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Useful Techniques to Control Slope Runoff

Garden Concepts

Proper drainage of residential slopes can incorporate many different techniques. Hydro seeding can be a fast and effective method of covering the slope when the rainy season is fast approaching.

In recent years residential development has expanded beyond the urban flat lands to the surrounding foothills and mountain ranges. Because of the topography, development of communities in these areas is much more costly and time consuming than ever before. A builders plans often require extensive engineering and grading to prepare home sites and new streets. Controlling runoff ensures a minimum amount of soil loss from graded home sites during seasonal rainfall. During the excavation and grading phases of the project strict erosion control management is required by law to reduce the negative effect it has on storm drains and natural ecosystems.

During the course of home construction, as the phases of development are completed, homeowners take possession of their newly built homes and must then call upon a professional Landscape Contractor. It’s our job, once again, to face a new challenge, and create a functional and aesthetically beautiful garden.

Planting a combination of ground cover plants, shrubs and trees to a bare slope lets the roots stabilize the soil.

One increasingly common challenge is dealing with the existence of sloping hillsides on residential properties. Front yard slopes , back yard slopes, and side yard slopes are common scenarios, not to mention homes built on sloping hillsides. The landscaping commonly installed on slopes by the home builder satisfies a minimum standard required by the local municipality for maintaining the integrity of a slope. Often, this is merely a handful of plants that may or may not be suitable for the slope, and a spray irrigation system.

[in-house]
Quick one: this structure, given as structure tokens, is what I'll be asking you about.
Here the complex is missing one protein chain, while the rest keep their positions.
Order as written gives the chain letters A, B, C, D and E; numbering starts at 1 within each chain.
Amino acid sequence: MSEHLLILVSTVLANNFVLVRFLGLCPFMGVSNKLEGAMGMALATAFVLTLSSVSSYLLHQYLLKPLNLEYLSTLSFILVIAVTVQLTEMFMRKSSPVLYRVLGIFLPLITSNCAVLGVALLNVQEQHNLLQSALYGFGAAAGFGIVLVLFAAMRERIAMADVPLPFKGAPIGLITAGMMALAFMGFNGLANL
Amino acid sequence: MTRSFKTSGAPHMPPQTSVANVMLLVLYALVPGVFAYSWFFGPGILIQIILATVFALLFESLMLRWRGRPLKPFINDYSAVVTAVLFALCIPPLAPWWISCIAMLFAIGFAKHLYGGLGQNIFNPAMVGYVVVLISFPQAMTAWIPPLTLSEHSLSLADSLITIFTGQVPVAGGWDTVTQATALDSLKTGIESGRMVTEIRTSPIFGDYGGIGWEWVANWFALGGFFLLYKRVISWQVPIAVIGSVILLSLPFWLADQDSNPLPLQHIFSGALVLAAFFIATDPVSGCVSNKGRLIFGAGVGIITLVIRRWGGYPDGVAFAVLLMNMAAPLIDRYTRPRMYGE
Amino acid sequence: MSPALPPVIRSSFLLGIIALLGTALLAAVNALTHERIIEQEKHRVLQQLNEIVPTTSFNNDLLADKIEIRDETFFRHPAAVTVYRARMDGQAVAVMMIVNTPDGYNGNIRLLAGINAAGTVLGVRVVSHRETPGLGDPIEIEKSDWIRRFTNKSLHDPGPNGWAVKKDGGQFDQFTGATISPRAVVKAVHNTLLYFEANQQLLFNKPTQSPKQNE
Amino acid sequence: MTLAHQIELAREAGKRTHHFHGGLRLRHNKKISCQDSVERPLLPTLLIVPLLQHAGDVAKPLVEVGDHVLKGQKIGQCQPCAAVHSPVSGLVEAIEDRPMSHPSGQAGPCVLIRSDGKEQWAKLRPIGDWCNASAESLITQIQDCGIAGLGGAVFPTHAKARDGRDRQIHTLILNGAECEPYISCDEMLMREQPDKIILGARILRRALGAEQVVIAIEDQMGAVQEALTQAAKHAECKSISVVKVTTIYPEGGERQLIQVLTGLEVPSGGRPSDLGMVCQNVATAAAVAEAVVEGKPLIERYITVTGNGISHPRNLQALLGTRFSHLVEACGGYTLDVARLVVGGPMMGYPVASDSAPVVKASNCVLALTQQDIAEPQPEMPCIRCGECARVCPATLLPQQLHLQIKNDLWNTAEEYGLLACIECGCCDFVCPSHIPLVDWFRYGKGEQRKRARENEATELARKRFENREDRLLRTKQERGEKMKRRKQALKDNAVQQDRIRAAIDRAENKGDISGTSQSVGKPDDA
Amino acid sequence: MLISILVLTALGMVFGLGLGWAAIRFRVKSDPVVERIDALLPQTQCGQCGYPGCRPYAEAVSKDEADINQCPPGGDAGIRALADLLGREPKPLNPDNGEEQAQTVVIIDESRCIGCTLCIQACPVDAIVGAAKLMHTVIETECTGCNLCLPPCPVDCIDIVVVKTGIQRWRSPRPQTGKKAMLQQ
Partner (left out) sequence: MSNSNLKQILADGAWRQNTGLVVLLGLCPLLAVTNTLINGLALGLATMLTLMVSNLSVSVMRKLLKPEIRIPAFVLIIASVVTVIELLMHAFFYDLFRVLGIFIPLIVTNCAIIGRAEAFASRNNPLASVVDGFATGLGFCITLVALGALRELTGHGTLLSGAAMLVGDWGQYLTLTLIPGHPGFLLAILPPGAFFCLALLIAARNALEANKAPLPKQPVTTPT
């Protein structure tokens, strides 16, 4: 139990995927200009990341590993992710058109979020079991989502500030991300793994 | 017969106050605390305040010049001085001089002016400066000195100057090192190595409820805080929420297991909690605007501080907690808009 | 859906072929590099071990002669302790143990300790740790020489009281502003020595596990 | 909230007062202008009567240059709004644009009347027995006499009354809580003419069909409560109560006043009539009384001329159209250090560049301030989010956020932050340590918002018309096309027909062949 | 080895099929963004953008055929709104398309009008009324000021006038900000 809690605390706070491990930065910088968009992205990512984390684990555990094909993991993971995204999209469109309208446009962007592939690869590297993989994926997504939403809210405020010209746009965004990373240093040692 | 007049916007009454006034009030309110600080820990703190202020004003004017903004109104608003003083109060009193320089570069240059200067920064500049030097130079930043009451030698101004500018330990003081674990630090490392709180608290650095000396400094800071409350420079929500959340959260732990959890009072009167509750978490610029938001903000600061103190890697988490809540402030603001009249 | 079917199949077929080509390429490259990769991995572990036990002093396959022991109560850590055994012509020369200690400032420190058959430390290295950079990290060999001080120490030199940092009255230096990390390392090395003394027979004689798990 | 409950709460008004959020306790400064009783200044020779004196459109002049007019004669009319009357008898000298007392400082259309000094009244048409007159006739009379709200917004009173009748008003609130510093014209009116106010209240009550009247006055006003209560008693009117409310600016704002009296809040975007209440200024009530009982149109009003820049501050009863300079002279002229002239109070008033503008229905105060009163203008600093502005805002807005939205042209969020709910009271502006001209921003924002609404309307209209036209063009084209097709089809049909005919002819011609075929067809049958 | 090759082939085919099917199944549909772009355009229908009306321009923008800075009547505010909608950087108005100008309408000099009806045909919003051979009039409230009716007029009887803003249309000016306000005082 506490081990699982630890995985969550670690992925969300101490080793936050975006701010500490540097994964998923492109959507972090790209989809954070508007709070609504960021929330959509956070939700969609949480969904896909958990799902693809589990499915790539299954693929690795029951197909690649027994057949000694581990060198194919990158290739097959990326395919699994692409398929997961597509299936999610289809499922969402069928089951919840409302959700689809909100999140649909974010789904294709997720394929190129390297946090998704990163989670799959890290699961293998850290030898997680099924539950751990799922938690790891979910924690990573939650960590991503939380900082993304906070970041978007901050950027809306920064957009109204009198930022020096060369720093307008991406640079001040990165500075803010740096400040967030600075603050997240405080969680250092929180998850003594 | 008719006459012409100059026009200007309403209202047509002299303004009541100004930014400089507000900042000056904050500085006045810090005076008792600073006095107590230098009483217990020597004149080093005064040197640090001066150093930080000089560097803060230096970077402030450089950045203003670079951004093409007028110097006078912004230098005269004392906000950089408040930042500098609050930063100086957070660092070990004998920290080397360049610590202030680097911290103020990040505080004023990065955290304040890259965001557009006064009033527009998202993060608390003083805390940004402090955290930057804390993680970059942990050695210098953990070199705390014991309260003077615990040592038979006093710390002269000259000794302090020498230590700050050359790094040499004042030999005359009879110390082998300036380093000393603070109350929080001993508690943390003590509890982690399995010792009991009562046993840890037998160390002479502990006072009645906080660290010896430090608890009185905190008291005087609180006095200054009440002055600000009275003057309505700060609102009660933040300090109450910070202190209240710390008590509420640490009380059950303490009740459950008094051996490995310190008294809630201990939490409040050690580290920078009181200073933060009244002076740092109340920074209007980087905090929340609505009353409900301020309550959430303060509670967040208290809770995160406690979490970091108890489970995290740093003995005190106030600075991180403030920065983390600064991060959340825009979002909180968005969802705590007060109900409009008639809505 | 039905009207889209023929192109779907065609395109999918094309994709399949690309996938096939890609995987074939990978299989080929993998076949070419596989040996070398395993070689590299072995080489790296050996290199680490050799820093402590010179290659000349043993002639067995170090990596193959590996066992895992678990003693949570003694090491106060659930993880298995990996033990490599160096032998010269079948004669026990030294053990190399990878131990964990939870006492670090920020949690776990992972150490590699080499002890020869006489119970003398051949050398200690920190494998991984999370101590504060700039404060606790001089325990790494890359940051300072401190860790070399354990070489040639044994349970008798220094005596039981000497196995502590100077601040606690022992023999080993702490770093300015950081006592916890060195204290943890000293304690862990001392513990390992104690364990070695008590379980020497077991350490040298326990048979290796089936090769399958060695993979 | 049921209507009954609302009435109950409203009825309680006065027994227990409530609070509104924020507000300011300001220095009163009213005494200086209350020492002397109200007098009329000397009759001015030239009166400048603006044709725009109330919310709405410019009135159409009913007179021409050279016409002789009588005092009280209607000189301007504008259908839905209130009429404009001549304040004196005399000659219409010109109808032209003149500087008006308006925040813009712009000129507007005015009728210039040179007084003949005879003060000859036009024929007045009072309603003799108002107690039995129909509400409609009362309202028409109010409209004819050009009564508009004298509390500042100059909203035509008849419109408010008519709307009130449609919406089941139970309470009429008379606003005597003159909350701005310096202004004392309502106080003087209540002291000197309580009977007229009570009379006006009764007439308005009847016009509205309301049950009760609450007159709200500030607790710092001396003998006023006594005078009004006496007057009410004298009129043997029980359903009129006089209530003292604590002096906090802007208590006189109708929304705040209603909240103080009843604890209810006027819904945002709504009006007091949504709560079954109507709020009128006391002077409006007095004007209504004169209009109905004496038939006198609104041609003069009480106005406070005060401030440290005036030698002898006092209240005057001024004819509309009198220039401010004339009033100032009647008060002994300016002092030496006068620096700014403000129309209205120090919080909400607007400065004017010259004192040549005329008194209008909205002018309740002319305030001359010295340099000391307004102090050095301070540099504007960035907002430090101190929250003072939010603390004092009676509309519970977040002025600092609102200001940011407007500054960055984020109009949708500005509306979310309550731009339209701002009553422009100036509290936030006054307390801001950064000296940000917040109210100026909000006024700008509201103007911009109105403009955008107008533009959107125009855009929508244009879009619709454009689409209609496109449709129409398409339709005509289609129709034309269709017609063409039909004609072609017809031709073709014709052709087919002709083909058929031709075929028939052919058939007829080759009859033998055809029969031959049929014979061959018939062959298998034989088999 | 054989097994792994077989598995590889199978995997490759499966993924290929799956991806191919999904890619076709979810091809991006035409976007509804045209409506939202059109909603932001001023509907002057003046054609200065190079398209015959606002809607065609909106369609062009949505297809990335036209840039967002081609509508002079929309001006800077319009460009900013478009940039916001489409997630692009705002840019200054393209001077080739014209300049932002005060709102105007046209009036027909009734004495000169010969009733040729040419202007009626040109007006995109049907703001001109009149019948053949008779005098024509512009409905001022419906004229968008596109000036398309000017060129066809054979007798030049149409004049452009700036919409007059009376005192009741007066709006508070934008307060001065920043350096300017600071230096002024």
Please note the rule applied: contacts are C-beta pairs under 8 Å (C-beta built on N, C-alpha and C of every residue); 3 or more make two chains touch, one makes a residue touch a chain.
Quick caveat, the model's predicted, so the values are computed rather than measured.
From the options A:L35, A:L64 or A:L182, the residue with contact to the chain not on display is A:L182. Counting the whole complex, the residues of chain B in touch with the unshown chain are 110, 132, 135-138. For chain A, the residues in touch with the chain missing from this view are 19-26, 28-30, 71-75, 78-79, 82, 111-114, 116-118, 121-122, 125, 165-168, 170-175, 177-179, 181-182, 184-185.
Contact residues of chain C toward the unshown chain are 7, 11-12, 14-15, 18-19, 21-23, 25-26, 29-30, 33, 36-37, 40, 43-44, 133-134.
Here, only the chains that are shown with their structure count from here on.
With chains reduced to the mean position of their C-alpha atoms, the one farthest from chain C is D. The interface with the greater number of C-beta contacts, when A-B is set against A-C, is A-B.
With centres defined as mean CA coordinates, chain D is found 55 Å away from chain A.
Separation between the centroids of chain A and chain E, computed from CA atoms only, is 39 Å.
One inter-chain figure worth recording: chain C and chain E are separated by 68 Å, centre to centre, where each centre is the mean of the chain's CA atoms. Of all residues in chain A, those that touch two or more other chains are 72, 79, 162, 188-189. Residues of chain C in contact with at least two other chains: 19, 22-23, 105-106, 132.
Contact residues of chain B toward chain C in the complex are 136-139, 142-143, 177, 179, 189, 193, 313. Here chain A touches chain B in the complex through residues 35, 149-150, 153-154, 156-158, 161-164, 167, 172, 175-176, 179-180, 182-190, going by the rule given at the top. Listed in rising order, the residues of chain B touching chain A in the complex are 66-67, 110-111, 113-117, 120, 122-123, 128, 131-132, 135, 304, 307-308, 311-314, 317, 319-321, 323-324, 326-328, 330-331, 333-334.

Depending upon the homeowners desires, and their landscaping budget, sloping areas are often altered to accommodate the final landscape design plan. Over the years, we have found that most homeowners disdain slopes as a waste of land and maintenance resources.

As professional Landscape Contractors we understand that certain measures must be taken not only to beautify sloping hillsides, but to ensure that proper drainage is maintained and erosion is minimized to prevent the slope from failing. The use of drainage devices and drainage techniques are needed to remove excess gravitational water from soil by natural or artificial means to reduce the erosive force of water velocity-the single most important factor in maintaining slope integrity. This surplus water usually originates from storm water runoff or a high water table.

In the case of sloping hillsides, much of the water ends up at the lower portion of the slope along with the accumulation of salts, nutrients, chemical pesticides and herbicides. Also, excess water has a detrimental effect on plants because it reduces the oxygen available to plants' root zone. It is important to know that simply installing drainage devices alone is not a cure-all measure that will solve all long term drainage problems associated with sloping hillsides. Achieving successful results is part of an integrated plan of attack based upon careful evaluation of the soil type, climate, grade of the slope and the slope aspect.

Large slopes should include a gradual sloping culvert to collect and direct runoff water. At this site, runoff water is diverted into a natural drainage channel. Though helpful in moving water to storm drain systems, culverts are susceptible to being catch basins for debris as well.